As you know, menopause brings with it all kinds of changes to various body parts, including your vagina.  There’s a very common condition called vulvovaginal atrophy (referred to as VA in the medical world), in which the walls of the vagina become thin, dry, and possibly even inflamed due to a decline in estrogen. (The vulva refers to your external genital organs, including the labia and clitoris.)

Symptoms of vulvovaginal atrophy include:

  • Vaginal dryness, irritation, or burning
  • Burning and/or urgency with urination
  • Urinary tract infections
  • Urinary incontinence
  • Discomfort and/or light bleeding after intercourse

About half of all postmenopausal women will experience some symptoms of atrophy. But often they’ll look at these signs in isolation, not realizing that a urinary tract infection may be directly related to the discomfort they feel during intercourse—and that both might be indicative of vulvovaginal atrophy.

Although treatment is readily available, it has to be diagnosed first. But because women are often too embarrassed to talk with their doctors about vaginal problems, they don’t mention it during annual physicals, let alone pick up the phone when symptoms first concern them.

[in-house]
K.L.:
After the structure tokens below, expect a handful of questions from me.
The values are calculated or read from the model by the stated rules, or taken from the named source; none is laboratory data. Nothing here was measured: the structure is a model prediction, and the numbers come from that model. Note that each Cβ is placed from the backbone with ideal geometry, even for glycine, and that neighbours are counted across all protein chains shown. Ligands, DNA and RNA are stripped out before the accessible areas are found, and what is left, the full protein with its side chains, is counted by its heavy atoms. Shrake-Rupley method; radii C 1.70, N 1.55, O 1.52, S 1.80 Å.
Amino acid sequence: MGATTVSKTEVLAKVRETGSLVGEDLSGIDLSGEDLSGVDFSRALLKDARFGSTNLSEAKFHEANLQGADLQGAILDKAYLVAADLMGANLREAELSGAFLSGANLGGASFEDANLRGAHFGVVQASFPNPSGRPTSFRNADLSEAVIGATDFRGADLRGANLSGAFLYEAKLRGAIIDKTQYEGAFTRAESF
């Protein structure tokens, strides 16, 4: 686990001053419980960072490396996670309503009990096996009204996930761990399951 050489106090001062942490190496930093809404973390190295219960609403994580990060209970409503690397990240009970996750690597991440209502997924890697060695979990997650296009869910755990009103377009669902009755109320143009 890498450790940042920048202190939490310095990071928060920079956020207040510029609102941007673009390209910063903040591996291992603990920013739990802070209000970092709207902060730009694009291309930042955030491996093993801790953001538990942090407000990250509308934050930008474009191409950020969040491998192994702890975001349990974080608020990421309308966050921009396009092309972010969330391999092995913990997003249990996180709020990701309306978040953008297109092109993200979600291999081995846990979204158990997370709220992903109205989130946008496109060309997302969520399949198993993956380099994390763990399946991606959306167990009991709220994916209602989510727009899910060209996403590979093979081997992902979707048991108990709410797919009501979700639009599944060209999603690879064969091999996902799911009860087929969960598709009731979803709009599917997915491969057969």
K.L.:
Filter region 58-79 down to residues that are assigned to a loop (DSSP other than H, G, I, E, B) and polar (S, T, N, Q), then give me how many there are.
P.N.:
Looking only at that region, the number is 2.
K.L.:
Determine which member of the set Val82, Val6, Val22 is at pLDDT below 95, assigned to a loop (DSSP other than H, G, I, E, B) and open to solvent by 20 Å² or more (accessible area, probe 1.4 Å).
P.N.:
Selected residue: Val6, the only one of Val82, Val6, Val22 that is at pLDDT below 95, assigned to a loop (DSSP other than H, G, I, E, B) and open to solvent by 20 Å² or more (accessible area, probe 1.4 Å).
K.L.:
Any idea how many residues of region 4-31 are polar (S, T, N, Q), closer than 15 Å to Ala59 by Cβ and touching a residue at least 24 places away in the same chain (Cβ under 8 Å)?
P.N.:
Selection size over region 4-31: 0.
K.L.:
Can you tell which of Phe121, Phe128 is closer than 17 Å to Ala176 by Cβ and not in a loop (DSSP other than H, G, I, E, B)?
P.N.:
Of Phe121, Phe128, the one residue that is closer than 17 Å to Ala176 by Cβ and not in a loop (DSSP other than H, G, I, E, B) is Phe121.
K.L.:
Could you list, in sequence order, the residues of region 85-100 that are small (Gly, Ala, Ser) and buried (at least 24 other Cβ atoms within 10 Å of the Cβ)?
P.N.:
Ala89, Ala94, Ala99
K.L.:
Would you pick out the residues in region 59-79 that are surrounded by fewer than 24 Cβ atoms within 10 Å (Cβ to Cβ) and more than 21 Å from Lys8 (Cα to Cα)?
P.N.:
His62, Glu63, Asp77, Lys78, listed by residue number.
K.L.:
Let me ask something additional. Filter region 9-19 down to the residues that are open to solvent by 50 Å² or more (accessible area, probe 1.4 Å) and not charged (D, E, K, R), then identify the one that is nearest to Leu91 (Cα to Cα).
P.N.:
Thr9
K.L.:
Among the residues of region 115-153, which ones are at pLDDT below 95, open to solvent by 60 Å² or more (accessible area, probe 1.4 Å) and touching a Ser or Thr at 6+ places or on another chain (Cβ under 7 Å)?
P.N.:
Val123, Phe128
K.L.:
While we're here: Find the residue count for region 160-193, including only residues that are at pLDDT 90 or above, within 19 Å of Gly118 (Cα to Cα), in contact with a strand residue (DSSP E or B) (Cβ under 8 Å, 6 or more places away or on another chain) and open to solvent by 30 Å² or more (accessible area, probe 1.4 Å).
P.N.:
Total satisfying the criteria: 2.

Instead, they try to treat it themselves, guessing at what might work, not knowing there’s a name for what they’re experiencing. And while over the counter lubricants may offer some short-term relief for dryness, vulvovaginal atrophy is chronic and requires ongoing treatment to address the underlying cause.

Typically, treatment for vulvovaginal atrophy involves some sort of estrogen therapy, in the form of a vaginal tablet or ring or topical cream. But the first step is getting a diagnosis. That’s why it’s so important to talk with your doctor about any changes you experience in your vaginal area.

So please: Don’t be shy and don’t wait. Be proactive and bold when it comes to taking charge of your own body. As with many other parts of life, it’s much easier to maintain healthy tissues and organs than to treat problems long after they’ve begun.

As soon as you feel anything unusual, lubricants don't seem to work as well, or you begin experiencing any of the symptoms listed above, make the call to your physician. And begin your own vagina dialogues, the sooner, the better.